Q&A: Ruby Tuesday woos young moms via mobile and social
Casual dining chain Ruby Tuesday is on a mission to win back young mothers and families after an earlier repositioning to take the chain upscale drove them away, with mobile playing a significant role in the new strategy.
Like many other restaurant chains, Ruby Tuesday is adjusting to the important role that mobile is playing in consumers? lives. So far, the mobile push has mostly been confined to advertising, but a variety of commerce and in-venue tactics are being reviewed.
Prior to the fall of 2015, Ruby Tuesday had not made much of an effort to embrace mobile marketing. However, recognizing that young mothers are deeply engaged with their devices to help them manage their hectic lives and stay in touch, all of the chain?s ad creative is now executed with a mobile-first approach.
To help get the new marketing strategy off the ground, Ruby Tuesday hired Dave Skena eight months ago to be its chief marketing officer. Mr. Skena comes from a consumer packaged goods background, where mobile has already been a focus for several years.
In interview with Mobile Marketer, Mr. Skena discusses the differences between mobile marketing in the restaurant and CPG sectors and why social is the dominant part of its spend.
Which mobile tactics are resonating best with Ruby Tuesday?s customers?
We do a lot of geo-targeting, such as with Facebook?s dynamic Local Awareness ads. We think we are quite effective at telling people, you are only 1 mile away from happy hour at Ruby Tuesday or from a Colossal Burger.
We try to make the most of the devices in their pockets. What is key is for us to be consistently learning as there are so many ways to execute on mobile right now.
Dynamic Local Awareness ads work well. We tend to see more engagement with those ads. To the extent we can, we think we see a little bit more traffic to our restaurants, but this is still tough to do.
Timely prompts also work well. For happy hour, we are hitting people on their devices at that time. Or, on Tuesdays, when kids eat free. Serving up these messages at specific times of day that are relevant has been helpful.
What is not working on mobile?
Serving up ads based on age and gender did not worked. We really didn?t get any differential performance. Part of it is our industry. For us, we have a broad menu and trying to skim it that thin didn?t work as well. We didn?t see the kind of lift that would justify the cost.
What is the biggest difference between advertising on mobile for CPG brands versus a restaurant?
The weather. In CPG, the buying cycle tends to pretty well defined. People are going to go the grocery story some time that week. If there is a blizzard, they may miss a few days. What is a challenge in the restaurant industry is, if you have a targeted media buy, and you push it out at a time when it is horrible weather, there is no immediate response and the opportunity is probably lost.
There is a sense of immediacy in mobile for restaurants. It can drive a trip very quickly, something that doesn?t happen in CPG. If you have a snowstorm, it is not like with toothpaste and someone will pick it up on Monday. That night is just gone.
Mobile is most useful in the restaurant space in driving near-term action.
How is Ruby Tuesday allocating its digital marketing budget?
Social is the dominant part of our spend right now, and it is served up on mobile most of the time. We also do search engine optimization. Paid search is significant but nearly as big a part of what we are after as on social.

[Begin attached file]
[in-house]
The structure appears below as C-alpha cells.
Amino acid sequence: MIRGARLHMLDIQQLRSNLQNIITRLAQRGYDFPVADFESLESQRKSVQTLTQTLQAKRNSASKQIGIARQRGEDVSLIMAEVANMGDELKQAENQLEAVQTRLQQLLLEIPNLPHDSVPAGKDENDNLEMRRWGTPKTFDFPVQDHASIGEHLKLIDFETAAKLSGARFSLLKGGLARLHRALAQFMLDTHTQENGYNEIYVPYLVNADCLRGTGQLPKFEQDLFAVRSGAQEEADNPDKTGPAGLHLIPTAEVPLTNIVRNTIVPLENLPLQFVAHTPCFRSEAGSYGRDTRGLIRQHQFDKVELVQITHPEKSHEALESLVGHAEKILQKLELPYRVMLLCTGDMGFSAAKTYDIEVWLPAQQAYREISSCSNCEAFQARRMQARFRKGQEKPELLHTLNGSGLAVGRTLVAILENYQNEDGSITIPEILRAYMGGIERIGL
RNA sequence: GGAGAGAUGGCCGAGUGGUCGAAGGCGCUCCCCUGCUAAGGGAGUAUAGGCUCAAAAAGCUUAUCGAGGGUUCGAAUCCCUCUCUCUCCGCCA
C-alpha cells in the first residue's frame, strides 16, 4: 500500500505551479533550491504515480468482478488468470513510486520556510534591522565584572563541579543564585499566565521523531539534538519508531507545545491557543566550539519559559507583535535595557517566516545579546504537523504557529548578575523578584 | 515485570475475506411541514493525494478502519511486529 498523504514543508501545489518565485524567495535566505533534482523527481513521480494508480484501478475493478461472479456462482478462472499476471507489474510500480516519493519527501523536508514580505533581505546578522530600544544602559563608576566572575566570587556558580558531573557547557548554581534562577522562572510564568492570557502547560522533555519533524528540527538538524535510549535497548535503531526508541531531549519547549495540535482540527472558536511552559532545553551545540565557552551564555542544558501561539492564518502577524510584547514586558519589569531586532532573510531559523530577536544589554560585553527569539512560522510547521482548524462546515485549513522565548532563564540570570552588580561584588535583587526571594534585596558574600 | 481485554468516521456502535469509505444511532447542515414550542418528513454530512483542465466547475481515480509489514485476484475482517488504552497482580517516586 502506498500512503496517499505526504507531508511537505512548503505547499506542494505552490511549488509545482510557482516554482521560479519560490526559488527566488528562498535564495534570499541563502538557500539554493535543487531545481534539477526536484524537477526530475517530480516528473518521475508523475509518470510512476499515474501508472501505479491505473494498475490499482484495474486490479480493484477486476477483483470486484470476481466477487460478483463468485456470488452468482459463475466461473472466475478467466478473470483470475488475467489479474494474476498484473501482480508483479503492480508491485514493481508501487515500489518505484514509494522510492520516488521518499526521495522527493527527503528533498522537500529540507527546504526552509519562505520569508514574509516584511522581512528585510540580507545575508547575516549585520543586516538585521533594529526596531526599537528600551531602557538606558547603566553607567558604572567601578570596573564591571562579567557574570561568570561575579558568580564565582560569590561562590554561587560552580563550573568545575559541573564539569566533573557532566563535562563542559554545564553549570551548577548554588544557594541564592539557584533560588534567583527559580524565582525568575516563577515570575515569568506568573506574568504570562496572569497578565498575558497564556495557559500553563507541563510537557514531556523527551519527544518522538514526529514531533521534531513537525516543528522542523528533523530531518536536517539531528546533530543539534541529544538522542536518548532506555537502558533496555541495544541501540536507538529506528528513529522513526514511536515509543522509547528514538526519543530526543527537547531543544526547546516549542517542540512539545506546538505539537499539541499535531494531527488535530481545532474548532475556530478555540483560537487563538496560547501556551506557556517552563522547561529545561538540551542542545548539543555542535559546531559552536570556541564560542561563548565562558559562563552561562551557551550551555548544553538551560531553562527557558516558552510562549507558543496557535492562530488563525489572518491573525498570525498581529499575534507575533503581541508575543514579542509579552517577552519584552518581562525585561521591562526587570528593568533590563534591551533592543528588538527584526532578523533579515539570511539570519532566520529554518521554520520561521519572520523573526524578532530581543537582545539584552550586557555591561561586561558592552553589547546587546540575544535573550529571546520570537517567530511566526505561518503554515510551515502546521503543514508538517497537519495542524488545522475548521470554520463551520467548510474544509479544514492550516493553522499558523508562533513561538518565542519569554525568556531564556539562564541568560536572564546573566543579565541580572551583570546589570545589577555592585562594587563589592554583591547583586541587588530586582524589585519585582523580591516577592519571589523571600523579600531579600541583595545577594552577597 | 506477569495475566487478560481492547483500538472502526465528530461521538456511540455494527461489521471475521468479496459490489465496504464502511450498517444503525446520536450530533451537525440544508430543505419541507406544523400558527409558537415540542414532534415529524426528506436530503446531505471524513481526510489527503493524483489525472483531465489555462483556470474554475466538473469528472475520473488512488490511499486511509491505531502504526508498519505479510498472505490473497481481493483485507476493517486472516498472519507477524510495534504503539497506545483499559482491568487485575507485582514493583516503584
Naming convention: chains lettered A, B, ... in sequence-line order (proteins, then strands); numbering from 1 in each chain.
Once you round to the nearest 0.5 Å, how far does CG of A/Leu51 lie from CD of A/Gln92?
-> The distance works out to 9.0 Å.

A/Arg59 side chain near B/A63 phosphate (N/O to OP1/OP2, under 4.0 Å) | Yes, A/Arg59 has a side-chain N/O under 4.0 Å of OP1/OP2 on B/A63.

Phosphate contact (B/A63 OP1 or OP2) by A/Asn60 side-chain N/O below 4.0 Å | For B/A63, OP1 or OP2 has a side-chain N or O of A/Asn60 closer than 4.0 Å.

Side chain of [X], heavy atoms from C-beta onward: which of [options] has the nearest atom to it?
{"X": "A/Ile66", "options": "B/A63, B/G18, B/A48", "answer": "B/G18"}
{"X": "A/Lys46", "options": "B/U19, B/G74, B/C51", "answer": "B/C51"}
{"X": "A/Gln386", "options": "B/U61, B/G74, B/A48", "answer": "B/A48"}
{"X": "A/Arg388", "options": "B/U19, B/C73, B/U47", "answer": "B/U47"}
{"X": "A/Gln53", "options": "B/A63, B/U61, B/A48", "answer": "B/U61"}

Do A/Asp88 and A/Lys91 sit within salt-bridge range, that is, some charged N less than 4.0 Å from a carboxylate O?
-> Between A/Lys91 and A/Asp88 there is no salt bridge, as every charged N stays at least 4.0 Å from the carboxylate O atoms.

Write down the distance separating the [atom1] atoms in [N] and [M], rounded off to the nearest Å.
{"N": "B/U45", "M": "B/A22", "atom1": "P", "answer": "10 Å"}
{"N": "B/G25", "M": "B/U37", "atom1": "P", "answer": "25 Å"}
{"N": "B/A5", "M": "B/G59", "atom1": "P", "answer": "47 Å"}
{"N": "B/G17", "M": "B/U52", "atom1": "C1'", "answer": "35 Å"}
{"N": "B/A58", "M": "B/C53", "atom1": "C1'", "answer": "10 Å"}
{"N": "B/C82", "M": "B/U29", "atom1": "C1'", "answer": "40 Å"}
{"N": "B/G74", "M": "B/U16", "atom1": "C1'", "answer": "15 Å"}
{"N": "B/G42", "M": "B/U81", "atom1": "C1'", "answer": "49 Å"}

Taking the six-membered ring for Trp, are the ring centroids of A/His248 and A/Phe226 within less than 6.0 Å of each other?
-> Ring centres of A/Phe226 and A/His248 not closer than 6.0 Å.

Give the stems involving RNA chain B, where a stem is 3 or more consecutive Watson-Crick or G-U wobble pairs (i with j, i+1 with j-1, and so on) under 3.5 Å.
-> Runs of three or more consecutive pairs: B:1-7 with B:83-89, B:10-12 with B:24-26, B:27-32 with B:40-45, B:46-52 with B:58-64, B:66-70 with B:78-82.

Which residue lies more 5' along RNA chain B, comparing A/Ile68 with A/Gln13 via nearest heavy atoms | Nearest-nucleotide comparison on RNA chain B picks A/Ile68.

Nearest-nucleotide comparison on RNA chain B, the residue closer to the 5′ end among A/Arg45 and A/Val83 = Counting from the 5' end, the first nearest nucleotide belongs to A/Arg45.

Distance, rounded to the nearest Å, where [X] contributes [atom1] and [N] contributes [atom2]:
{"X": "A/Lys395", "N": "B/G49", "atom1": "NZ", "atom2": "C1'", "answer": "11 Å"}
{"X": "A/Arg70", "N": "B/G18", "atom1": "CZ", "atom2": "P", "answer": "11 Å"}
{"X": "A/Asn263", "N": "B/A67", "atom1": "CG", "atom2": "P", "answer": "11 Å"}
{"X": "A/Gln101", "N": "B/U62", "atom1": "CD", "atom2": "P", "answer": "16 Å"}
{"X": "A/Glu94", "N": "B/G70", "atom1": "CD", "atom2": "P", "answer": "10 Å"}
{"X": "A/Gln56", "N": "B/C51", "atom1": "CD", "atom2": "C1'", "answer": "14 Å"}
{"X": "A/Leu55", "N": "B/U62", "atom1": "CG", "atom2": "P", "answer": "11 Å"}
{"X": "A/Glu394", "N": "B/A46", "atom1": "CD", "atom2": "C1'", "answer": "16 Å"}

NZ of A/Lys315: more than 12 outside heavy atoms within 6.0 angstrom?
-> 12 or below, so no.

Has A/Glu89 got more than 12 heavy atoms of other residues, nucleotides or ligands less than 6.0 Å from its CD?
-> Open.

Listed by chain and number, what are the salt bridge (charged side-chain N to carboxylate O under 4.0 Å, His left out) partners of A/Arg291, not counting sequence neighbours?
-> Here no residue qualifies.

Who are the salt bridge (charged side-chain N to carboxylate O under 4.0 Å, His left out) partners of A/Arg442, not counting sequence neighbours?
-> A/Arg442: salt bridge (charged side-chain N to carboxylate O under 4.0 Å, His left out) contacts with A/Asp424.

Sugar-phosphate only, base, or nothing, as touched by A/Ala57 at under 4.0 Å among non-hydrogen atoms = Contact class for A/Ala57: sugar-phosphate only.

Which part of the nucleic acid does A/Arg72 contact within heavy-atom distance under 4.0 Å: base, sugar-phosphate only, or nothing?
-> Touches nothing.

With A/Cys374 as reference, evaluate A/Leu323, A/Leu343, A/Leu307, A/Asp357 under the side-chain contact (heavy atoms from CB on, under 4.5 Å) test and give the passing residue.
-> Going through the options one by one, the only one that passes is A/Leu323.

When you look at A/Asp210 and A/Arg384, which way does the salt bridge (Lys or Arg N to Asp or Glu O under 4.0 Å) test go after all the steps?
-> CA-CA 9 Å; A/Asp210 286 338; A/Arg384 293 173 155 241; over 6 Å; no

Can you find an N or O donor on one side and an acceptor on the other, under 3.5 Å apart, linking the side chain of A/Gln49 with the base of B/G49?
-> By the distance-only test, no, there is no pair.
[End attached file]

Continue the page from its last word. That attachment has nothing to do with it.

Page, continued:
We are making everything we do much more mobile friendly from emails to how we do couponing. We are making sure that those are done in a way that works well on mobile, which is really important for our guests. For women 25 to 40 years old and families, that?s how they are interacting with the world.
What is the biggest challenge on mobile?
Once you recognize that the world has shifted and you are making sure you are in a mobile friendly company ? that has happened at Ruby Tuesday ? there is a technology aspect. This requires an investment beyond just people caring about it. It takes time, effort and money. When you rack and stack those investments versus other investments, that is where the real hard decision-making happens. It is about betting on a long-term payback from mobile versus a short-term lift. We have a lot more to do on mobile and have to make it a priority.
Is Ruby Tuesday exploring mobile for commerce and in-venue opportunities?
We are looking at all those things and trying to determine which make the most sense for us. There is nothing that we haven?t been thinking hard about, but we don?t have initiatives launched yet.
We had some work to do with mobile ordering on the go, to get that in place on our Web site. It wasn?t 6 months ago. Now it is. There is a still a lot of work to do to get it as simple as possible, so the last five orders come up, you tap on what you want and check out.
In terms of interfacing with our customers when they are in a restaurant, we have to make sure the technical infrastructure is up to speed, that Wi-Fi is in place so they can use devices in our restaurants.
How has Ruby Tuesday?s brand positioning evolved?
There was a repositioning in 2008 to take the company more upscale. Over time, there were a lower proportion of families who felt like it was a place for them. Beginning in 2013, there was the realization that young families are not visiting as frequently as the company wanted. Some things were changed back and new mobile strategies were explored.
How do we make this a brand that is about simple, clean, fresh American dining that is casual and approachable? And one where women want to be. We already have one of the best salad bars anywhere and we are testing a new salad bar with over 70 items. The product we have to sell is pretty strong. We just need to get the word out and get her back in the restaurant a couple of times.